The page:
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How to Benefit From Implied Volatility Without an Expensive Data Service

How to Benefit From Implied Volatility Without an Expensive Data Service

Options traders know that volatility is useful. In fact, it is one of the most important components in standard options pricing formulas. Before discussing how to use volatility, it is important to define exactly which volatility we are talking about.

For options traders, two types of volatility are important. Historic volatility is based on what the price of the option has done in the past, Implied volatility is the estimated volatility of the option’s price in the future. Implied volatility is the more important of the two in determining the option’s value.

We usually see implied volatility rise when the stock is declining or when the broad stock market is bearish. Implied volatility is expected to decline when prices rise. These beliefs are logical.

When prices fall, the demand for put options tends to increase. This leads to an increase in the price of the puts. Because of the way implied volatility is calculated, this sequence of events will result in higher volatility. In some ways, it is just the way the math works.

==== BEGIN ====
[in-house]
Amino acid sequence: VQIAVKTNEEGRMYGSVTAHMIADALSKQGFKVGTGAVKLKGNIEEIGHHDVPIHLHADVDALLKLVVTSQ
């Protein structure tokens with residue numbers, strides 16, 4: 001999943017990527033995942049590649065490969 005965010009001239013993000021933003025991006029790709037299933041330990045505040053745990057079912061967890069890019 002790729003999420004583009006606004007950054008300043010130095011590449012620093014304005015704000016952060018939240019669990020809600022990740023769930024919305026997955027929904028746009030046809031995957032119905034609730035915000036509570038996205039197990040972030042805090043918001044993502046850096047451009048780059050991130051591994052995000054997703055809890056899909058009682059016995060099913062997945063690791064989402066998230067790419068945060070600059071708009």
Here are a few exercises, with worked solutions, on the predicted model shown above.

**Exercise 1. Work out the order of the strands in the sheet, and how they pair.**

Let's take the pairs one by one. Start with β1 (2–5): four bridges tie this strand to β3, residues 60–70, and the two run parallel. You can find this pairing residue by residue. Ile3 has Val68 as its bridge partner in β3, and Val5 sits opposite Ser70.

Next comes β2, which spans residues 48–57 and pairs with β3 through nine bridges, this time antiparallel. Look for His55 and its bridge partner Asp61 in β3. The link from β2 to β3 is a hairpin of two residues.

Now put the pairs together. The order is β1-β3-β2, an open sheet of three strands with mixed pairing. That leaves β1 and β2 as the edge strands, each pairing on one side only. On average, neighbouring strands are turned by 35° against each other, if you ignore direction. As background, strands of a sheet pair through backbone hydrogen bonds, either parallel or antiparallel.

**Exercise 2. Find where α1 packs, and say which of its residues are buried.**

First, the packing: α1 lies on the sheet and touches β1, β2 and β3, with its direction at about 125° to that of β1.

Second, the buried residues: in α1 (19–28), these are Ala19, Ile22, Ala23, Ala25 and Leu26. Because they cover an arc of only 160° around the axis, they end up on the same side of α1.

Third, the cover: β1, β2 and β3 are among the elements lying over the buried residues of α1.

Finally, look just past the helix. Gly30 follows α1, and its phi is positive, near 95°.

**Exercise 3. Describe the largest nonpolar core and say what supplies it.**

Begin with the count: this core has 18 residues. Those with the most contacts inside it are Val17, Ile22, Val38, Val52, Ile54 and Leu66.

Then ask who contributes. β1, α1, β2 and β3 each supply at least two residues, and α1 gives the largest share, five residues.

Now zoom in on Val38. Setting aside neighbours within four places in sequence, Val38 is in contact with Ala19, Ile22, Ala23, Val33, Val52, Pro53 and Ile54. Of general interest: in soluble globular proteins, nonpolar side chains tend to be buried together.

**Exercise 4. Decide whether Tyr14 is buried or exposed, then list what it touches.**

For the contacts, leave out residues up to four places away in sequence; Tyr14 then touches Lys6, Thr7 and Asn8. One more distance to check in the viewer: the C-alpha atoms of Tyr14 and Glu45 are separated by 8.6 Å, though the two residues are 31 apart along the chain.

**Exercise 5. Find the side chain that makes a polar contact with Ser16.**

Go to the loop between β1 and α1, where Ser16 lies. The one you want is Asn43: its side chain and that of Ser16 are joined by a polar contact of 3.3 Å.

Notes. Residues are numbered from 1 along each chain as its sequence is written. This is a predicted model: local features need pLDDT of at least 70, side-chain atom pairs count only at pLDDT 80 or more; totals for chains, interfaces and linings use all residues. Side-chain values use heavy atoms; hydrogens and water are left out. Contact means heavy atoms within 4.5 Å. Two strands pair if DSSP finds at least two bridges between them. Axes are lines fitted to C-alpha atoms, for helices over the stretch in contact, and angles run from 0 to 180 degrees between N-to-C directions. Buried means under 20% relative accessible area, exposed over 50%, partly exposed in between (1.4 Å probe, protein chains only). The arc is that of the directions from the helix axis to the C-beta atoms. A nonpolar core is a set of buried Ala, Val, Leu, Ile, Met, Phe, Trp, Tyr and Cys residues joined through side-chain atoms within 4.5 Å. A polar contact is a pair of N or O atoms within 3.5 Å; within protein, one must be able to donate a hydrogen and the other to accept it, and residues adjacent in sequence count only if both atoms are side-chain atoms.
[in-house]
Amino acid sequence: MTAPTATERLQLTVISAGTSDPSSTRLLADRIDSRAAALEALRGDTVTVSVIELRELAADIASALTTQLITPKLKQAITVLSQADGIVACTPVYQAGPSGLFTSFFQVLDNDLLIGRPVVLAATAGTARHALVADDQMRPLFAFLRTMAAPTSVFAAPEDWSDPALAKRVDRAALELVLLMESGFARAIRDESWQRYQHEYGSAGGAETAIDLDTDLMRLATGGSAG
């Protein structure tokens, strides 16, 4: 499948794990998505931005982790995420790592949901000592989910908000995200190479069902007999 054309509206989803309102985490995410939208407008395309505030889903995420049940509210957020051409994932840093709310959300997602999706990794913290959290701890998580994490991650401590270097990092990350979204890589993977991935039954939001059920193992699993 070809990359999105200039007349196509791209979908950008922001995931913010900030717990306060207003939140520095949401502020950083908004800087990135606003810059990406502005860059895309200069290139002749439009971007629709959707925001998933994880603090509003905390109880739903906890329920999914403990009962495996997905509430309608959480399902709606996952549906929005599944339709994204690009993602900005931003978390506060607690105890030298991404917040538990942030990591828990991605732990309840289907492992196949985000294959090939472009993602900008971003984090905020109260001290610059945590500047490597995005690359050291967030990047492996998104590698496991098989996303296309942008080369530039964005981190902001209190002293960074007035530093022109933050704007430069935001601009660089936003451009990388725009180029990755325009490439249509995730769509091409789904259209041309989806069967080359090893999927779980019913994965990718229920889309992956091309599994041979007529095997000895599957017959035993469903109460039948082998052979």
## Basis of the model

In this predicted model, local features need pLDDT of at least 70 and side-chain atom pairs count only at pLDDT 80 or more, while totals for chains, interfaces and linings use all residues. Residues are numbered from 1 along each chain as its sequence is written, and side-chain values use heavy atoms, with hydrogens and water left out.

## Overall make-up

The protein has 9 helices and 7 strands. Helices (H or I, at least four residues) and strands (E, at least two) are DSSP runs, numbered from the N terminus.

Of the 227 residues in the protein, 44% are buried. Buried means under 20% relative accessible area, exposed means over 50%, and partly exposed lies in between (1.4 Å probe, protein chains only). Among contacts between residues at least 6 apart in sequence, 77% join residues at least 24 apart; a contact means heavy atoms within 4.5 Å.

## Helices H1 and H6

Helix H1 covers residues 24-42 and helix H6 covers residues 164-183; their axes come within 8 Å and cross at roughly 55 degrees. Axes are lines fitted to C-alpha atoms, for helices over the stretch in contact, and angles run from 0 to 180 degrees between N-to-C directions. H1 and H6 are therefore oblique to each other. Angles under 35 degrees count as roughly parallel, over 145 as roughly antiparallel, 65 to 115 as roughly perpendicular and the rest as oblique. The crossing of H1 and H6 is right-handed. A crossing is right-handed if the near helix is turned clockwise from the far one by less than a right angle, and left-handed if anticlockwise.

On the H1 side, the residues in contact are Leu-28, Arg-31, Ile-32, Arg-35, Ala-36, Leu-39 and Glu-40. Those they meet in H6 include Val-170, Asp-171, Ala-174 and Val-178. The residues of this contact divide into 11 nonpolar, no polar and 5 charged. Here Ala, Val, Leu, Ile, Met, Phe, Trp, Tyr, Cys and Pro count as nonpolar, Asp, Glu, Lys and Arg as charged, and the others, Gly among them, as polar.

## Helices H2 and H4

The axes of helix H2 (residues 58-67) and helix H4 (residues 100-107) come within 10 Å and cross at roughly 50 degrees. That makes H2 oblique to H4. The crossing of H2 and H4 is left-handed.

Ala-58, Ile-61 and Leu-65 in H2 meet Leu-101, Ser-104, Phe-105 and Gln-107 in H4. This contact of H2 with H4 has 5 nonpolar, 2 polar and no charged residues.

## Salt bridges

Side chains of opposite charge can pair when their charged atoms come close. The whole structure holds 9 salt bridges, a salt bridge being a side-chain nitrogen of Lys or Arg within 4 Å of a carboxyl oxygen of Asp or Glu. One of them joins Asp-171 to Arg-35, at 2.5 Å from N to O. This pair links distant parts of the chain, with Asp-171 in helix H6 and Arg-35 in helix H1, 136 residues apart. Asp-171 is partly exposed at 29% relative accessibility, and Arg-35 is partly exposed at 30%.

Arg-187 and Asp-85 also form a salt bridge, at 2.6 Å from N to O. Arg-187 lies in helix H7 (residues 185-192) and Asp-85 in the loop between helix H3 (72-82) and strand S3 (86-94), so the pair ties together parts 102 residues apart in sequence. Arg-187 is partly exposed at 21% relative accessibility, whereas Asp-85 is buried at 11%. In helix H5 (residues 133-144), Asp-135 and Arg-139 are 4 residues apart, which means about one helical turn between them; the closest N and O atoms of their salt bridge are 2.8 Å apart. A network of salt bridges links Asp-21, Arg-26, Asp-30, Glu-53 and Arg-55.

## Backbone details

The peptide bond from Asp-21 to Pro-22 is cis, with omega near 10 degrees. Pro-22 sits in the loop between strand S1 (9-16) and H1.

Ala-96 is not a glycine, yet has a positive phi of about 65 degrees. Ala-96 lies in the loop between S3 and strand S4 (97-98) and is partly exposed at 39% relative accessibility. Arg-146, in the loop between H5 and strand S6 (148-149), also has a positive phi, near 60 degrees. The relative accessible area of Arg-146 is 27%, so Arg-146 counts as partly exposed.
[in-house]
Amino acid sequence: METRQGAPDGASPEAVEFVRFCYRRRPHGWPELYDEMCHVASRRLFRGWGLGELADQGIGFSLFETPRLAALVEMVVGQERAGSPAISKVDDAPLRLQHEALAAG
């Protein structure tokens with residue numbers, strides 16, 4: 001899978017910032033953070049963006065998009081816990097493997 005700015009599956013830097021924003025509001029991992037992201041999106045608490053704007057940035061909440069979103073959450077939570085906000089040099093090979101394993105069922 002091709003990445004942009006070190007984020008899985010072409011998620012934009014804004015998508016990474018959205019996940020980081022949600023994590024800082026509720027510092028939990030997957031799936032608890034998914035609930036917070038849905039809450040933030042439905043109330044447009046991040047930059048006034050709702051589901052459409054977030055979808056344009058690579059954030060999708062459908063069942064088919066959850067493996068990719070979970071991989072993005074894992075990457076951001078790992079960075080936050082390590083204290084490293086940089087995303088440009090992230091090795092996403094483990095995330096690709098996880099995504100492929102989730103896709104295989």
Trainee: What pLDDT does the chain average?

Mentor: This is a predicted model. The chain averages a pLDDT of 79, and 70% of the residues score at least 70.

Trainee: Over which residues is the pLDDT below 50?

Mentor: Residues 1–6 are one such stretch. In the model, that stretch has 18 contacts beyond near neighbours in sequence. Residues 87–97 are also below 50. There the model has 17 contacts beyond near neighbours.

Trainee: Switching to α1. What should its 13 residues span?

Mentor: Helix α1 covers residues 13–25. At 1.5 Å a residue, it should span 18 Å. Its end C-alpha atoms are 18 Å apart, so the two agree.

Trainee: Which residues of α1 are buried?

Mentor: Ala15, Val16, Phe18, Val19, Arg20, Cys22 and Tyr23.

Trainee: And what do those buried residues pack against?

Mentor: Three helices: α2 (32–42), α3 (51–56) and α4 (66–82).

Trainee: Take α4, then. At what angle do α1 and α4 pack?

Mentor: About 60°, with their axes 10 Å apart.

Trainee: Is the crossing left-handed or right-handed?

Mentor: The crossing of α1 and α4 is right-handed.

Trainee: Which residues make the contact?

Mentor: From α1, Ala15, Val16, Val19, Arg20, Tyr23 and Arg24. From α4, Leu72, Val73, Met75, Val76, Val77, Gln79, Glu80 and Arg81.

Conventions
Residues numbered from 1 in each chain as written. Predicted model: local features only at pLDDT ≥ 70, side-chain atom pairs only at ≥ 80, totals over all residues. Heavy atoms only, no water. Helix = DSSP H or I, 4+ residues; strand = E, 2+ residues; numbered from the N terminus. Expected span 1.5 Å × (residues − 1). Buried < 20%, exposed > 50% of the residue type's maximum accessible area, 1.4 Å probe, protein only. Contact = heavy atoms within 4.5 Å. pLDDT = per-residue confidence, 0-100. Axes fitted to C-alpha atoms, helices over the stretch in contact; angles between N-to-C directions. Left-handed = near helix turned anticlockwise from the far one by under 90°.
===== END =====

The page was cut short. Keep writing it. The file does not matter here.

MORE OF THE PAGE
Now, those facts are logical and widely accepted. But, the reality in the market is a little more expansive. We usually see volatility rise when prices spike up as well. This is also logical.

As prices rise suddenly and sharply, demand for puts is likely to increase. This is because some traders will buy put options expecting the price to reverse. They would benefit from a decline in the price of the stock as their puts rise in value.

As prices rise rapidly, other traders will consider put options as protection against a loss. This will allow them to lock in some gains even if the price reverses.

In the markets, the truth is we tend to see implied volatility increase whether the price of a stock moves up or down.

Market Data Proves Volatility Also Rises When Prices Rise

Using a subscription data service, we scanned a list of stocks with the highest implied volatility. There are different ways to calculate this indicator so lists can and do vary depending on where and when they are accessed.

On our list, options on Blackberry Limited (Nasdaq: BBRY) were on top. A quick glance at the chart indicates the increased volatility has been to the upside.

The information about implied volatility is useful but may not be available to all investors. We do know that implied volatility is just one way to measure volatility. More accessible indicators including the average true range (ATR) and Bollinger BandWidth also measure volatility.  We have added Bollinger Bands and Bollinger BandWidth to the next chart.